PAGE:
Christ recognized the sin of adultery, and the sin of all those present, but dispensed grace in his dealings with the woman and encouraged her. He says to us “Follow me, for my load is easy and my burden is light.” He says to us, “I want to be your agenda. I will change your heart as I see fit. I will be your guide, focus on me.” We are now free to explore, as our Savior leads, because we are under the GRACE of God.
Am I saying that sin is irrelevant? On the surface it may appear so, but actually it is just the opposite! Sin permeates everything that we do. Separating it out is a winnowing process that takes a lifetime. Trying to determine what is sin is difficult because often those actions our culture has decreed as “obvious sin” are not. On the other hand, some things that our society says are legal, and holds up as worthwhile goals, are in fact sin. Accepting my transgender nature, and God’s grace, has taught me that I am more sinful, not less.
Choosing one particular sin to focus on can have harmful consequences. The danger in vilifying one aspect of our fallen nature, is that we then, by contrast, tend to justify the rest of what we do. We start to believe that we can somehow earn righteousness if we “just get this one area under control.”
In Matthew:19, a rich young ruler comes to Jesus and asks: “Teacher, what good thing shall I do that I may obtain eternal life?” Jesus answers with “Why are you asking me about what is good? There is only One who is good…” He then speaks to the young man about keeping the commandments, and the young man declares he has kept them all. So Jesus gives him another, “…sell your possessions and give to the poor…come and follow me.” The young man goes away grieved because he is very rich. Jesus remarks to the disciples present, “…it is easier for a camel to go through the eye of a needle, than for a rich man to enter the kingdom of God.”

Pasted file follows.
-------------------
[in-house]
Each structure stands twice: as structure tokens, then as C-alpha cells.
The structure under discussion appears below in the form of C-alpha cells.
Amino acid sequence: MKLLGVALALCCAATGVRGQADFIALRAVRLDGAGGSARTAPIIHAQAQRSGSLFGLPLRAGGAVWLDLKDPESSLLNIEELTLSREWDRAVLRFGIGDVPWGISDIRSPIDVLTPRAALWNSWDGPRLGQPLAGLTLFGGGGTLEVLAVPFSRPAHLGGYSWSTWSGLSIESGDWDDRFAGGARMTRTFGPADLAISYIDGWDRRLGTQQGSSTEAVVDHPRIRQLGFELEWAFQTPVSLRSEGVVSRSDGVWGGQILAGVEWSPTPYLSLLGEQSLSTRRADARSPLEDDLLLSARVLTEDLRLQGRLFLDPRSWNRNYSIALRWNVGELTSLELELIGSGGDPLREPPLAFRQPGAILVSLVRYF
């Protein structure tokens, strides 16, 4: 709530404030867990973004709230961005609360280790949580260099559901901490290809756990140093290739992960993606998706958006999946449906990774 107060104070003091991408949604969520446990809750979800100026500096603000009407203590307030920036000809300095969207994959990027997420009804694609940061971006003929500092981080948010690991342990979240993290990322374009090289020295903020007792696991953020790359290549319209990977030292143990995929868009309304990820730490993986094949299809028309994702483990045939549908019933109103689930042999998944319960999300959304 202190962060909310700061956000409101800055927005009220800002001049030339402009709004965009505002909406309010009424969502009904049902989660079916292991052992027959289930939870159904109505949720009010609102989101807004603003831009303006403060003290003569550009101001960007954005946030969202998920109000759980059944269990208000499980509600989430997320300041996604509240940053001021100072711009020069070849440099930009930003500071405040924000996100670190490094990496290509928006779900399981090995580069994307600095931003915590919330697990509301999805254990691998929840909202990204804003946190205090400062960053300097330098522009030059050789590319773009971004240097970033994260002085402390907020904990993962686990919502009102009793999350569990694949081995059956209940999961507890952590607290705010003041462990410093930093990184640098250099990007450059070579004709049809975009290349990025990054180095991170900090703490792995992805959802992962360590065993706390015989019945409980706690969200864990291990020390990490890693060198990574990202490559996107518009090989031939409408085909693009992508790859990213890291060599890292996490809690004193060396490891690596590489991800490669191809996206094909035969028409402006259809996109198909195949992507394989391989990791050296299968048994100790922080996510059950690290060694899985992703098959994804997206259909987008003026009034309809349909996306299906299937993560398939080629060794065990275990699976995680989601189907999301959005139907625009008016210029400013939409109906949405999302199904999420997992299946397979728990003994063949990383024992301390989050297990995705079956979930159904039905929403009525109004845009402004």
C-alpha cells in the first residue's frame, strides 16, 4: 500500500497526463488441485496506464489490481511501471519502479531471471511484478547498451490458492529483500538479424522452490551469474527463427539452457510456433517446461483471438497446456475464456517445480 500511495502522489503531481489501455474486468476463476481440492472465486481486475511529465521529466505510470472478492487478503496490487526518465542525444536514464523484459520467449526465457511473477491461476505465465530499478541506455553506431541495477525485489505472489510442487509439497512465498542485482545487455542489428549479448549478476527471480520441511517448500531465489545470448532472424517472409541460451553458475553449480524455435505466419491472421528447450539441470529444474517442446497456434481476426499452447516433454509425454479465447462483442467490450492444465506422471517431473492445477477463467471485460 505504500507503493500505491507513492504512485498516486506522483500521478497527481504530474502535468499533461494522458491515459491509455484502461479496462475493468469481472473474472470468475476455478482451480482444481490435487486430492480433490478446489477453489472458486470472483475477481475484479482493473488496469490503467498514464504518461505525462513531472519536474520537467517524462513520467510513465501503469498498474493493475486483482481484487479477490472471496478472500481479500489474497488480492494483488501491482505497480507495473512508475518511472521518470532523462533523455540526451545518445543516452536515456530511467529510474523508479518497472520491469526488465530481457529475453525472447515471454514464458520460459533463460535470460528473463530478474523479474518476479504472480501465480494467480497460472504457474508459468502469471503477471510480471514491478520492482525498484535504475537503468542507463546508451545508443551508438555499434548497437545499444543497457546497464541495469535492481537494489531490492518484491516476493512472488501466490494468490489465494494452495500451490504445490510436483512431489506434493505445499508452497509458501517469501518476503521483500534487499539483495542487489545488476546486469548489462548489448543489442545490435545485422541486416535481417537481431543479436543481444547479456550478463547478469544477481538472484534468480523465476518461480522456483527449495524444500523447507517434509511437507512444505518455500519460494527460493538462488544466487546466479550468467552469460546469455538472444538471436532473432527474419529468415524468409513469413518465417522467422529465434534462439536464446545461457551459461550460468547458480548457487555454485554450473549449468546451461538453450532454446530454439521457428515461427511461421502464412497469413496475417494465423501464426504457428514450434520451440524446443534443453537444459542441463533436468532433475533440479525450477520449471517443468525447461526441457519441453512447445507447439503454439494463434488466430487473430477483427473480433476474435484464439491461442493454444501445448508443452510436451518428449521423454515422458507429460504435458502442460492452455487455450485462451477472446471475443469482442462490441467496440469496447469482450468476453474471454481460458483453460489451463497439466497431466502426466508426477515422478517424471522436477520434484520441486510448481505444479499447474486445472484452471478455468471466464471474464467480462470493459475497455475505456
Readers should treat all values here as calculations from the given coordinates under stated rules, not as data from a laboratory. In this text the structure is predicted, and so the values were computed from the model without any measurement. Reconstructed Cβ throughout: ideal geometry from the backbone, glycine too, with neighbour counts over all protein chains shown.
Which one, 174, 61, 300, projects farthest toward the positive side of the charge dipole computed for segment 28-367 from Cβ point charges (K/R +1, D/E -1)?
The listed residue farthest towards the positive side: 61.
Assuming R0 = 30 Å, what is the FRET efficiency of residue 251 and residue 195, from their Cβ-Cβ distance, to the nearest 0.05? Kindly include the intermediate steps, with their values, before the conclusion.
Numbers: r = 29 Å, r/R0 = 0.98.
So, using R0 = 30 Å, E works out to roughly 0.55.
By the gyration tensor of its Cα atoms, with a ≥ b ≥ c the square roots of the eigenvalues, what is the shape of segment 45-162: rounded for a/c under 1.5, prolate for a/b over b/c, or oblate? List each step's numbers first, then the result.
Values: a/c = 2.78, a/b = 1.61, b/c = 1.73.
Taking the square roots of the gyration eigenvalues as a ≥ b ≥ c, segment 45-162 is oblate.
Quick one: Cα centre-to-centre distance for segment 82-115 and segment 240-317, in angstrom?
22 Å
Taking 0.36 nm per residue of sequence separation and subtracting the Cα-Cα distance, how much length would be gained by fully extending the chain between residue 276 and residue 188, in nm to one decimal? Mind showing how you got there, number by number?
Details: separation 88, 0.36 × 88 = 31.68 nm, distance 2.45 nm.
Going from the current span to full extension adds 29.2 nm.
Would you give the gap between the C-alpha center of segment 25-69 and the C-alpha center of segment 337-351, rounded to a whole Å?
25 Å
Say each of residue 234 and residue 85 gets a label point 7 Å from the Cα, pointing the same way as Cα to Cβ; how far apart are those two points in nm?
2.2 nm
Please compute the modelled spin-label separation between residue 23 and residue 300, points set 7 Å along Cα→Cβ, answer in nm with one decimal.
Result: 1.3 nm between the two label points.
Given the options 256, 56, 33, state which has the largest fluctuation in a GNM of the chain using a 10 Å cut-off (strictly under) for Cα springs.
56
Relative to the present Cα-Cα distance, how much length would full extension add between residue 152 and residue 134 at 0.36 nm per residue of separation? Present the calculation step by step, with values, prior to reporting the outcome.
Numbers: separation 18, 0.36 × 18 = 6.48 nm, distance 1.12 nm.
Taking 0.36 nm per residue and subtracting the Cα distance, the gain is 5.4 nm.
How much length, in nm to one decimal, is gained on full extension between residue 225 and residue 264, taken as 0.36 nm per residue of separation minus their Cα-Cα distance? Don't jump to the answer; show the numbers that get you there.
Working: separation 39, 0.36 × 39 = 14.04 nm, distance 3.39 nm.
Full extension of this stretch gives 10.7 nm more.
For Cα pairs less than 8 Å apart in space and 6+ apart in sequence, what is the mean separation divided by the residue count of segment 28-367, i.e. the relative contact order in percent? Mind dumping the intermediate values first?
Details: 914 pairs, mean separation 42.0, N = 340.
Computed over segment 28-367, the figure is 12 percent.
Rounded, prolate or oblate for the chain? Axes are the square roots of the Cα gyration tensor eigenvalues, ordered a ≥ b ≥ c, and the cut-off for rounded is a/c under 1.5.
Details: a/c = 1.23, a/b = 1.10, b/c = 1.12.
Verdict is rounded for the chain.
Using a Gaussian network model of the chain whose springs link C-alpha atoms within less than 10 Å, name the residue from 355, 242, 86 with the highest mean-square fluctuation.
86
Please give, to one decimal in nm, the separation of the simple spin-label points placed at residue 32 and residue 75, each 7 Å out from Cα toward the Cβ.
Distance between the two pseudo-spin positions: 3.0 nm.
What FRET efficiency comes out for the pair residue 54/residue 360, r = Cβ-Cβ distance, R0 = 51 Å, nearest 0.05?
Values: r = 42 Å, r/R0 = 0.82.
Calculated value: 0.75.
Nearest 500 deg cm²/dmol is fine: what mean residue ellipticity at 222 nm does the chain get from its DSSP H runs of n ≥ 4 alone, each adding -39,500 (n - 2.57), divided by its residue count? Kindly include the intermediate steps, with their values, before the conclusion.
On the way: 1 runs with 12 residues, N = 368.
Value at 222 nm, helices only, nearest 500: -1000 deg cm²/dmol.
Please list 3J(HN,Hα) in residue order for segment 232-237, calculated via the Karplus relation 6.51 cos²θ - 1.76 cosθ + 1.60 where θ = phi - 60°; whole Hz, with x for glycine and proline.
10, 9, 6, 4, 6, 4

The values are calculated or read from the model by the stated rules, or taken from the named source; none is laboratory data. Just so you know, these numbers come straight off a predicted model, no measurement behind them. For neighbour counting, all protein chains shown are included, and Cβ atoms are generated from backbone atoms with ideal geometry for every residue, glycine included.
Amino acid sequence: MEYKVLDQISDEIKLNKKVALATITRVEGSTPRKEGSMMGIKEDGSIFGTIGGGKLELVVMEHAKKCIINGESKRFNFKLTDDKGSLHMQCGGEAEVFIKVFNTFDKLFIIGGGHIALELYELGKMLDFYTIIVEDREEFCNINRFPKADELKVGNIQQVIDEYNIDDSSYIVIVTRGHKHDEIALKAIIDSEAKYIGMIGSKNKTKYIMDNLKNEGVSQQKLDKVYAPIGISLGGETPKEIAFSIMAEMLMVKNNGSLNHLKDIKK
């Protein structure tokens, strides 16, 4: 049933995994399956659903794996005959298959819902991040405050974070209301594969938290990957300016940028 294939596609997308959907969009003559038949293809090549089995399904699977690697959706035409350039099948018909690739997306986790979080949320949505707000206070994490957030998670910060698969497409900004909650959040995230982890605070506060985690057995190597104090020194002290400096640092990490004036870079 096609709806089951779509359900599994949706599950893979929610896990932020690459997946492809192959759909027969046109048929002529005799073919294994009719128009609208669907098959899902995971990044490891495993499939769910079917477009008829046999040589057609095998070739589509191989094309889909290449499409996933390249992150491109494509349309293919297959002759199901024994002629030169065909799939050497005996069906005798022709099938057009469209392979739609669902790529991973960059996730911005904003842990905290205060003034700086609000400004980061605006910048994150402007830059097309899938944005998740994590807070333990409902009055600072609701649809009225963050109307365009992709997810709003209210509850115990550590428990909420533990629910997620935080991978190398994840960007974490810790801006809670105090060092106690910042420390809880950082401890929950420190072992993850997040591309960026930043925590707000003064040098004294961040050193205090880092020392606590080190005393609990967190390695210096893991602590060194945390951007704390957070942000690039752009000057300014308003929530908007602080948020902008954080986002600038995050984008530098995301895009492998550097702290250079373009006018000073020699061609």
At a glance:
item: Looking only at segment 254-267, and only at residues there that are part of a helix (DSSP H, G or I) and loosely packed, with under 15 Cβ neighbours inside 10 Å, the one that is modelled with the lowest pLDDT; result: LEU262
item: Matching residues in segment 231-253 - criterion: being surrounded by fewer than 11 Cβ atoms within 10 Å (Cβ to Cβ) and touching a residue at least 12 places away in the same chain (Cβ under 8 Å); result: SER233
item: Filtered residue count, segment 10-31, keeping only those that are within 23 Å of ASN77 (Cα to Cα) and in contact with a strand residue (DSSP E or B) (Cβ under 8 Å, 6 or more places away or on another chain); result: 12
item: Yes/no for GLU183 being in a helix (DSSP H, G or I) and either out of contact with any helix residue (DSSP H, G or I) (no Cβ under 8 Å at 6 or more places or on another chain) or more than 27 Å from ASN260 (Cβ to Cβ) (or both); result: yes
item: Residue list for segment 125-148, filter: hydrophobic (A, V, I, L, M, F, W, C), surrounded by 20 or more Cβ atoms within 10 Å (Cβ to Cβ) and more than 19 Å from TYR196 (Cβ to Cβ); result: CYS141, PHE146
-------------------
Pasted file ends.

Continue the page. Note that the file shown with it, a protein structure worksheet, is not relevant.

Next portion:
In Jesus’ day, just as in our day, wealth was viewed as a blessing from God. So when the disciples heard this they were perplexed and asked, “Then who can be saved?” I love Jesus’ reply, “With men this is impossible, but with God all things are possible.” The point of this exchange was not that wealth is bad, but that there is no “good thing” you can do to enter into Heaven. Why is this important to the transgendered believer? Because we are faced with our own human frailty day by day and have the choice to either accept the grace that our Lord freely offers, or drive ourselves crazy trying to do the “right thing” to obtain God’s favor and eternal salvation. What Jesus says to his disciples he says to you, “With man it is impossible, but with God all things are possible.”
Admitting we need God and letting go of our pursuit of self-righteousness is a good place to be spiritually. Our relationship with God should not be linked to our performance. A healthy relationship with our creator is one where we simply fall on our face, clinging to our Savior, and asking him to have mercy on us a sinner. He will not judge you in this but accept you with more than open arms. With this attitude you can experience the promise:
“I will never desert you, nor will I ever forsake you.” (Hebrews 13:5)
If you are struggling, if your pillow is wet with the tears of self-condemnation, my advice to you is “let it all go.” Die to your self-righteousness and be reborn with the understanding that you are a redeemed creation and that your life is Christ’s and not your own.
God really does desire to give his children good gifts. Trust him and enjoy the ride!